In keeping with my recent commitment to see more dance, this first show was comprised of two dance performances – CorresponDance and Thinkingaview. Together they comprise a split-bill dance show that, as the organizers of the Fringe Festival note, is both “whimsical and edgy” in its combining of “vibrant movement with thoughtful social commentary.” Both performances were filled with dances that explored and celebrated connection, love, intimacy, and different types of relationships.
Along with the beauty of the dancers, audience members were treated to the beauty of vocalist Marty Winkler (right) – whose warm and lush performance of her own compositions as well as her renditions of classics from the likes of Etta James, added a whole new depth of meaning to the lithe and sensual movements of the dancers.
CorresponDance, choreographed by Rebecca Katz Harwood (left) in collaboration with the dancers, is an exploration of “how we create and maintain relationships across distances – geographical, cultural, and emotional.” The Fringe Festival website notes that the piece was “created by a company spread from Duluth to Georgia, [and] has taken shape literally across distances, with rehearsals and ideas exchanged via YouTube and email, as well as in person. The ultimate goal of CorresponDance, like correspondence, is human connection.”
Thinkingaview, choreographed by Jeffrey Peterson (right), has been said to “disguise social scrutiny as lighthearted cabaret entertainment.” Festival organizers describe the piece as follows: “Through emotionally charged dancing, innuendo-laden partnering, gendered repetitions, public displays of affection, and strong costume choices, Thinkingaview boldly encourages us to love and perceive love without judgment. The goal of Thinkingaview is to raise a mirror to the members of its audience, asking us all to think about how we view our own and others’ relationships, no matter who/what they might be.”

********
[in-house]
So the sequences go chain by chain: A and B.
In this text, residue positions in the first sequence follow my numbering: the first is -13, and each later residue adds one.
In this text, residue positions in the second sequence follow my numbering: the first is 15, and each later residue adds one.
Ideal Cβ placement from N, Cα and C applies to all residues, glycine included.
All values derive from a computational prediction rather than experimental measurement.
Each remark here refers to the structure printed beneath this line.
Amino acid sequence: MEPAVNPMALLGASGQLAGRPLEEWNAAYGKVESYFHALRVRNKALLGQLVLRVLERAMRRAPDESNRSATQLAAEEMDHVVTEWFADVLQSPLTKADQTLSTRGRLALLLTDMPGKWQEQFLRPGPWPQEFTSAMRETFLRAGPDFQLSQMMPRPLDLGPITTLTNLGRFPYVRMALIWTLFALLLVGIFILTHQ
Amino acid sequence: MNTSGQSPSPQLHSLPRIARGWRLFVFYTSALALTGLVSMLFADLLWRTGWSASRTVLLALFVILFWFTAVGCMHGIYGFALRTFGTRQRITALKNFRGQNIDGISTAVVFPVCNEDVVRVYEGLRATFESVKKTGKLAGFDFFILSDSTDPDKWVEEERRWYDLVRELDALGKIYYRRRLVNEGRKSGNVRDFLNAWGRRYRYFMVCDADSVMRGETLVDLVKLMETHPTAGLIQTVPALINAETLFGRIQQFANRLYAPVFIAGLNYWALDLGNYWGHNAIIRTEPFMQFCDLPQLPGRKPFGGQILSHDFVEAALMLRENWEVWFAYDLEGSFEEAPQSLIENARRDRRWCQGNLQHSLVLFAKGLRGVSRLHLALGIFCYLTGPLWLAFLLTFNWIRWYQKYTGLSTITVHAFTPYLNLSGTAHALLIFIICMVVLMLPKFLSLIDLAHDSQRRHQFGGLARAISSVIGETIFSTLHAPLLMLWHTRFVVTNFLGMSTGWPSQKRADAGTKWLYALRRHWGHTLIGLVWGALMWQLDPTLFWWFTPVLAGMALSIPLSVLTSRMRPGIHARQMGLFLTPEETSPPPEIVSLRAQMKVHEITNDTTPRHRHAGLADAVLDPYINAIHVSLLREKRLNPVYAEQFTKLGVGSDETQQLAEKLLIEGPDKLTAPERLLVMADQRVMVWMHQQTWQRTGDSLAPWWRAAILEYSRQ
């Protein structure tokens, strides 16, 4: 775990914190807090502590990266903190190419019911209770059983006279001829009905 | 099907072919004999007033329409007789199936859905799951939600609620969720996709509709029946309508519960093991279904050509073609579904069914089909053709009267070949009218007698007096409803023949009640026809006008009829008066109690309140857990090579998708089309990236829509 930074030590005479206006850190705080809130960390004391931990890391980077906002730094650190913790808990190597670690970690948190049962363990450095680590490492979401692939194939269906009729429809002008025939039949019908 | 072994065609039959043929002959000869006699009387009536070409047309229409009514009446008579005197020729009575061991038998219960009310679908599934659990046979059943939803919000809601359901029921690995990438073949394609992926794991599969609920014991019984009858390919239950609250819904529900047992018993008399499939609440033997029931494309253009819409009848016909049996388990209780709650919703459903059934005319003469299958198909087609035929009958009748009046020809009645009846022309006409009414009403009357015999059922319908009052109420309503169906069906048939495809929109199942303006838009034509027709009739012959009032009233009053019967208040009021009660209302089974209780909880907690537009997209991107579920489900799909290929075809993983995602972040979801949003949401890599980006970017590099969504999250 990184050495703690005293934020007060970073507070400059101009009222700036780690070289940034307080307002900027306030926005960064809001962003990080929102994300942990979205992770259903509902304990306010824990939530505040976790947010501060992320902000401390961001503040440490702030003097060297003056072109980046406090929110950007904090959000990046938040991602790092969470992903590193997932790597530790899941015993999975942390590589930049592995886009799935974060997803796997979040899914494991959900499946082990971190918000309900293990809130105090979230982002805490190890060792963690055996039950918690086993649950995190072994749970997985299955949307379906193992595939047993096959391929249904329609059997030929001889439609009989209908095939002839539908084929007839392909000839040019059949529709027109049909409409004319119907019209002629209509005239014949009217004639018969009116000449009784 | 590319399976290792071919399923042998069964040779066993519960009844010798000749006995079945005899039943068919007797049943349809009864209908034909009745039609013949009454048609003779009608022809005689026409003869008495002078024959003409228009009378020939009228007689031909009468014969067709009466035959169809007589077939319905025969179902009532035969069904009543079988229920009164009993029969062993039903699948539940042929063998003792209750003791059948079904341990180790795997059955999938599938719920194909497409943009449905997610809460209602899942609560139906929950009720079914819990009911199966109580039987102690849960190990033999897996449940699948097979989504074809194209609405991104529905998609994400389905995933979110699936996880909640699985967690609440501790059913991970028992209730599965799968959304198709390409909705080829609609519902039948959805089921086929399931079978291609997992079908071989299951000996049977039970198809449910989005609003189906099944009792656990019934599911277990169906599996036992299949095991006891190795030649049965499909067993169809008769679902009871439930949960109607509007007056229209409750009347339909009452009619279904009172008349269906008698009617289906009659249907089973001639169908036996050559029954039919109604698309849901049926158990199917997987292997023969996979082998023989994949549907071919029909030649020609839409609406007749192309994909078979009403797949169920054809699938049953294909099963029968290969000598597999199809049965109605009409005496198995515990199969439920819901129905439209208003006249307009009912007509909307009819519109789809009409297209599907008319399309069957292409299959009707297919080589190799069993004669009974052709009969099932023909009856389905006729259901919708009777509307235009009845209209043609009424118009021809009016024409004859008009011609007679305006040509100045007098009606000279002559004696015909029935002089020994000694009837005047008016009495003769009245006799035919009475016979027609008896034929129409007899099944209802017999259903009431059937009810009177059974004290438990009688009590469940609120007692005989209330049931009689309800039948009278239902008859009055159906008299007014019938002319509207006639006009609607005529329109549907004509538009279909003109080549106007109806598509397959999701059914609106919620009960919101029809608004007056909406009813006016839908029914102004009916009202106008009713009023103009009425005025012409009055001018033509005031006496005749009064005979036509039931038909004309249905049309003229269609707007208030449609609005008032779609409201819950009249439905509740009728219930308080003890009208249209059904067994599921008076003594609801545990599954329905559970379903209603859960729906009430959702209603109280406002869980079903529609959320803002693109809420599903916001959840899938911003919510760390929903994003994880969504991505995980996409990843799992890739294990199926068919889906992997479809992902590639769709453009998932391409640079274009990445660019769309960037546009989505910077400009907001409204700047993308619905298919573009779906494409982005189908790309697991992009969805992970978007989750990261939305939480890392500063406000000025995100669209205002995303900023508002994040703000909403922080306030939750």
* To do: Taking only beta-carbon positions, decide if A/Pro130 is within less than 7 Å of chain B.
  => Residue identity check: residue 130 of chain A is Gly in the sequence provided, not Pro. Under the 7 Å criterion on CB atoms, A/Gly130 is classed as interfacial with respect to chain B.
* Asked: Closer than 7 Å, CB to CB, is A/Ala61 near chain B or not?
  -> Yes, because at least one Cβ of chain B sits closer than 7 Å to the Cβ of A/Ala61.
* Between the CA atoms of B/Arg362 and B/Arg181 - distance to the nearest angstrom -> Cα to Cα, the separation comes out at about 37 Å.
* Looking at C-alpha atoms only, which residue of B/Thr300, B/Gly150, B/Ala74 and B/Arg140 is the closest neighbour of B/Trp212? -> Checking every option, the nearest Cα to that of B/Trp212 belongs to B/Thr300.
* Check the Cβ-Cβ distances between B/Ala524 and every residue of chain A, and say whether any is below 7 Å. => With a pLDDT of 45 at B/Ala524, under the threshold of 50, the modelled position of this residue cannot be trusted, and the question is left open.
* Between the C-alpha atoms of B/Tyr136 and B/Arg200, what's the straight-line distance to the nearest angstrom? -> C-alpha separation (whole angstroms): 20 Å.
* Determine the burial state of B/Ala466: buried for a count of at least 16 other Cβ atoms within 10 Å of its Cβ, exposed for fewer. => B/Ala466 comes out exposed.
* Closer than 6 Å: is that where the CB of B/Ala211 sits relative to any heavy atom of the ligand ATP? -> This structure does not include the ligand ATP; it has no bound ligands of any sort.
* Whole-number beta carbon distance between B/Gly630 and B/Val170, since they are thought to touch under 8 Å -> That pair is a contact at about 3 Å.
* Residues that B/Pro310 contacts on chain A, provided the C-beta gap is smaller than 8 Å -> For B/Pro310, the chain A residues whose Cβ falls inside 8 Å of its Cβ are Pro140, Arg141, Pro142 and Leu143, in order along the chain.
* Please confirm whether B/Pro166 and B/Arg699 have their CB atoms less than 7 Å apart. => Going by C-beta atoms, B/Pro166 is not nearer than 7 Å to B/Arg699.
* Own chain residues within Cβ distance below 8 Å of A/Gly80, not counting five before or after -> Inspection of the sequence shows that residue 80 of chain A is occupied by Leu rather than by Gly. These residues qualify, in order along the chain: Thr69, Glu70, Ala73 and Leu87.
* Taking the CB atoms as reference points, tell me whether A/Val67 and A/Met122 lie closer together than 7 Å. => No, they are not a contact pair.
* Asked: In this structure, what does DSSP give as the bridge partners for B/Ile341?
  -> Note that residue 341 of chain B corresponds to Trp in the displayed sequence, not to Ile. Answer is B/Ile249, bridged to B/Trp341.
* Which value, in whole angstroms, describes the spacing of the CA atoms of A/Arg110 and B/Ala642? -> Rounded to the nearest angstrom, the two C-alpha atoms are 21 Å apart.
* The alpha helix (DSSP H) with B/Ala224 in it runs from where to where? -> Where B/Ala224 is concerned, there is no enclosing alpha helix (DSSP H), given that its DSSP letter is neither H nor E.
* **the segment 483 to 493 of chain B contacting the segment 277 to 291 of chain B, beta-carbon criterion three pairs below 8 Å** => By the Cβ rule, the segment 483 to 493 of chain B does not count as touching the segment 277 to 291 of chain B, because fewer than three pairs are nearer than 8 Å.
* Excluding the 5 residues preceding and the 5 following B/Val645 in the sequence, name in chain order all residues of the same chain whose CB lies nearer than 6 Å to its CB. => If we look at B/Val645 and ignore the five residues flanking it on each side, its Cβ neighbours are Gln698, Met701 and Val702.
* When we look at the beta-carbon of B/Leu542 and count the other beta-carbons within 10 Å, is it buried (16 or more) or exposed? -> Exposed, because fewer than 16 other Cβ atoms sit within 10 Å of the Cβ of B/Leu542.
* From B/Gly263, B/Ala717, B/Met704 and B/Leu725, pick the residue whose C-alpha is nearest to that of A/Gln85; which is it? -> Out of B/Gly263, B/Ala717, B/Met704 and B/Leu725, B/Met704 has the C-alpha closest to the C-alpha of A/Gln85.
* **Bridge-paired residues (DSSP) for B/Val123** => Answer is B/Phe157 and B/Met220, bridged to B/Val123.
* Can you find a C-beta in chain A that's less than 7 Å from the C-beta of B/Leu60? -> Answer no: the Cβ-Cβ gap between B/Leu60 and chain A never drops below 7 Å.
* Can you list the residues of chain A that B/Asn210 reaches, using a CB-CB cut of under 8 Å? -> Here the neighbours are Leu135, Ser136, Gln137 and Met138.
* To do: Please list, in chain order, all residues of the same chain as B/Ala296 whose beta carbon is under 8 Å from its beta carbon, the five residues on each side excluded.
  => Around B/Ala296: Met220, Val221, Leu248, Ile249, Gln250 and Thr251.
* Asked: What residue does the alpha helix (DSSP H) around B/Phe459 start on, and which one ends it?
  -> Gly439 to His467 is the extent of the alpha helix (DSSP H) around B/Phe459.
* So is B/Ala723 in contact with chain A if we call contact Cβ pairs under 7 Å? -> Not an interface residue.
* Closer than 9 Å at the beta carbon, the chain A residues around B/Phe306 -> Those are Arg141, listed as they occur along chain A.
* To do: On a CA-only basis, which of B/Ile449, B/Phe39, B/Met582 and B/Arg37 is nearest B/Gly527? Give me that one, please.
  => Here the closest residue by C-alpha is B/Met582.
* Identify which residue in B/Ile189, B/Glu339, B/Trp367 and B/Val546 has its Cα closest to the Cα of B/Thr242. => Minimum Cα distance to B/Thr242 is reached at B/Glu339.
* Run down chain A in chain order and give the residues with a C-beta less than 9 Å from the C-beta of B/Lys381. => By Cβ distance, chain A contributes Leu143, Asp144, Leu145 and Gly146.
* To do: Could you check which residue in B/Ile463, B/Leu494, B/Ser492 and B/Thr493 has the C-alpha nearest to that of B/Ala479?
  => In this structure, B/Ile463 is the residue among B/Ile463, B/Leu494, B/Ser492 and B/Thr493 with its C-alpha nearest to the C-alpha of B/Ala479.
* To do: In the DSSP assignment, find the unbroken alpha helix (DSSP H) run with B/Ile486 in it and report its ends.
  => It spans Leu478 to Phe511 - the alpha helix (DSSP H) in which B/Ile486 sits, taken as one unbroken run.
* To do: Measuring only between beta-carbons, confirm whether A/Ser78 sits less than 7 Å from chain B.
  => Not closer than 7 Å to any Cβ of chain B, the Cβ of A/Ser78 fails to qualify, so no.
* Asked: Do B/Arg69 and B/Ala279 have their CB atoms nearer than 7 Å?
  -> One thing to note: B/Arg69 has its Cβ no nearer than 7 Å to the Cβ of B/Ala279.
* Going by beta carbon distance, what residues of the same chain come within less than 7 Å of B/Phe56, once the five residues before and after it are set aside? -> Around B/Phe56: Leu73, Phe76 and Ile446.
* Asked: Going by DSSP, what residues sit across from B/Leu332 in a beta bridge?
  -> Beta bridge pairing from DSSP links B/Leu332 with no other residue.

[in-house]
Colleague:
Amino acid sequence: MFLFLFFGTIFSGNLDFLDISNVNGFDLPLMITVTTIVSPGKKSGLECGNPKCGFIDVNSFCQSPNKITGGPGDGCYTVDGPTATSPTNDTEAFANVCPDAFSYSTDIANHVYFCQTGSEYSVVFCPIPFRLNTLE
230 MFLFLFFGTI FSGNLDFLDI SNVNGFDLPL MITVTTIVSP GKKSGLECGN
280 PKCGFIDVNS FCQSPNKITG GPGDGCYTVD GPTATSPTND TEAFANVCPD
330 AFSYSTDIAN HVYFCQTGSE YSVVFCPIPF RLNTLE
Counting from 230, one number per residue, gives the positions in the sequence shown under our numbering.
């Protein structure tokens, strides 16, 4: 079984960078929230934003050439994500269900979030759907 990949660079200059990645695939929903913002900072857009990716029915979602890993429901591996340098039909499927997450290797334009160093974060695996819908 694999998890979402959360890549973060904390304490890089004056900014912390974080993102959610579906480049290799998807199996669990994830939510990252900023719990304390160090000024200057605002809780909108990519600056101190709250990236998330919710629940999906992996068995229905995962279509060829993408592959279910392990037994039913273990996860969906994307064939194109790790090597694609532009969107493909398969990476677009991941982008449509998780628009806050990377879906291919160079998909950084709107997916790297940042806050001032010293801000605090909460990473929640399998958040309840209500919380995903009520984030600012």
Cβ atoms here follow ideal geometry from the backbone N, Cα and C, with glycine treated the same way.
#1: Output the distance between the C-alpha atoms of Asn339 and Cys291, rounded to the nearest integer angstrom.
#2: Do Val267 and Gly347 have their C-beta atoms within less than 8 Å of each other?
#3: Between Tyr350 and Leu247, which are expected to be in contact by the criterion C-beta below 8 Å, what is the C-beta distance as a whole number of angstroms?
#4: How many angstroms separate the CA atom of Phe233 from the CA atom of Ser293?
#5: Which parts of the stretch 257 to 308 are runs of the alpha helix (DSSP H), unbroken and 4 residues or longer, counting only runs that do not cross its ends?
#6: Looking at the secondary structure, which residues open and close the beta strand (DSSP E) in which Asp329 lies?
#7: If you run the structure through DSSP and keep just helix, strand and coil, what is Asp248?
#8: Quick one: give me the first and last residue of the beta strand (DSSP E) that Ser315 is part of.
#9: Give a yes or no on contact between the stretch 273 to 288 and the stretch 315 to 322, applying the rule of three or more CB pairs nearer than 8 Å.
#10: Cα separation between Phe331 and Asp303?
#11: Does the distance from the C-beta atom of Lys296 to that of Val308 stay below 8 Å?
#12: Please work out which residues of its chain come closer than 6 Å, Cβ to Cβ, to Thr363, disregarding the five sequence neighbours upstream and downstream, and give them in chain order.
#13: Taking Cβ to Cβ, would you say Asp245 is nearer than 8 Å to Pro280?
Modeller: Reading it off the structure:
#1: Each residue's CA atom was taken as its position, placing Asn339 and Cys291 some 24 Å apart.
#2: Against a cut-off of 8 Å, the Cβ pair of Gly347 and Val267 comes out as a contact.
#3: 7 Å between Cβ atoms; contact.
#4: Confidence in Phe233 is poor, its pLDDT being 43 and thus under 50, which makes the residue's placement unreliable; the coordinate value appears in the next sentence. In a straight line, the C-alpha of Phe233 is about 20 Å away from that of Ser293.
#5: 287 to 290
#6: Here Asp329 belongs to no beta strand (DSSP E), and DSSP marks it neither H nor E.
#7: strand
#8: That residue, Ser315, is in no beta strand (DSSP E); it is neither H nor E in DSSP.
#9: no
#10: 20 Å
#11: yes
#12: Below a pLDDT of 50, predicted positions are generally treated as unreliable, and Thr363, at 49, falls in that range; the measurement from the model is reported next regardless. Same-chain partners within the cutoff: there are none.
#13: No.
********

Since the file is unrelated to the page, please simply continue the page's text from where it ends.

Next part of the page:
I enjoyed both CorresponDance and Thinkingaview very much and highly recommend them. Both performances are up there with Casebolt and Smith’s O(h), highlighted previously at The Wild Reed. There are two more scheduled performances of CorresponDance/Thinkingaview – Friday, August 13 (10:00 p.m.) and Saturday, August 14 (8:30 p.m.). Both take place at the Southern Theater (1420 Washington Ave. S., Minneapolis).
I’ll conclude by sharing excerpts from The Daily Planet’s Matthew A. Everett’s 5-star review of the CorresponDance and Thinkingaview performances.
I don’t think I have words to adequately describe how much fun this was. Or how sexy it was.
When you combine a group of dancers as lithe and limber as Sarah Jabar, Patrick Jeffrey, Jordan Klitzke and Ashleigh Penrod, with choreography by Rebecca Katz Harwood, and the music of Marty Winkler (backed by Tate Ferguson on guitar, and Kate Bordeaux and sometimes Harwood as well on vocals), well, damn. That’s CorresponDance.
A friend in the audience commented afterward that for a while they weren’t sure if it was a dance piece accompanied by amazing music, or a live concert that included dance. And I almost think it doesn’t matter. The music was so languid and lush, and the dancers’ bodies and moves so breathtaking, it all sort of assaulted your senses and seduced you from whatever angle you were willing to meet it. The yearning for connection was both aural and visual, the one constantly reinforcing the other until you almost couldn’t bear it (in a good way).
. . . If the first half of the show is about striving for connection, then the second half is all about getting it – and release. Phew.
Thinkingaview was the portion of the show I’d seen in a previous incarnation at the Bryant Lake Bowl, so I knew it was going to be good. But I’d forgotten just how joyful it was. The dancers from CorresponDance were joined by Megan Bridges, Bryan Gerber and Susanne Grochett, for choreography by Jeffrey Peterson. The live musical treats continued, taking a lot of old Etta James standards and giving them the Marty Winkler treatment (along with Ferguson, Bordeaux and Harwood again, with the occasional dancer picking up an instrument and playing along).
To continue reading Everett’s review, click here.
See also the previous Wild Reed posts:
Oh! What’s This, Then?
The Dancer and the Dance
Recovering the Queer Artistic Heritage
Love, Equality and the Rumba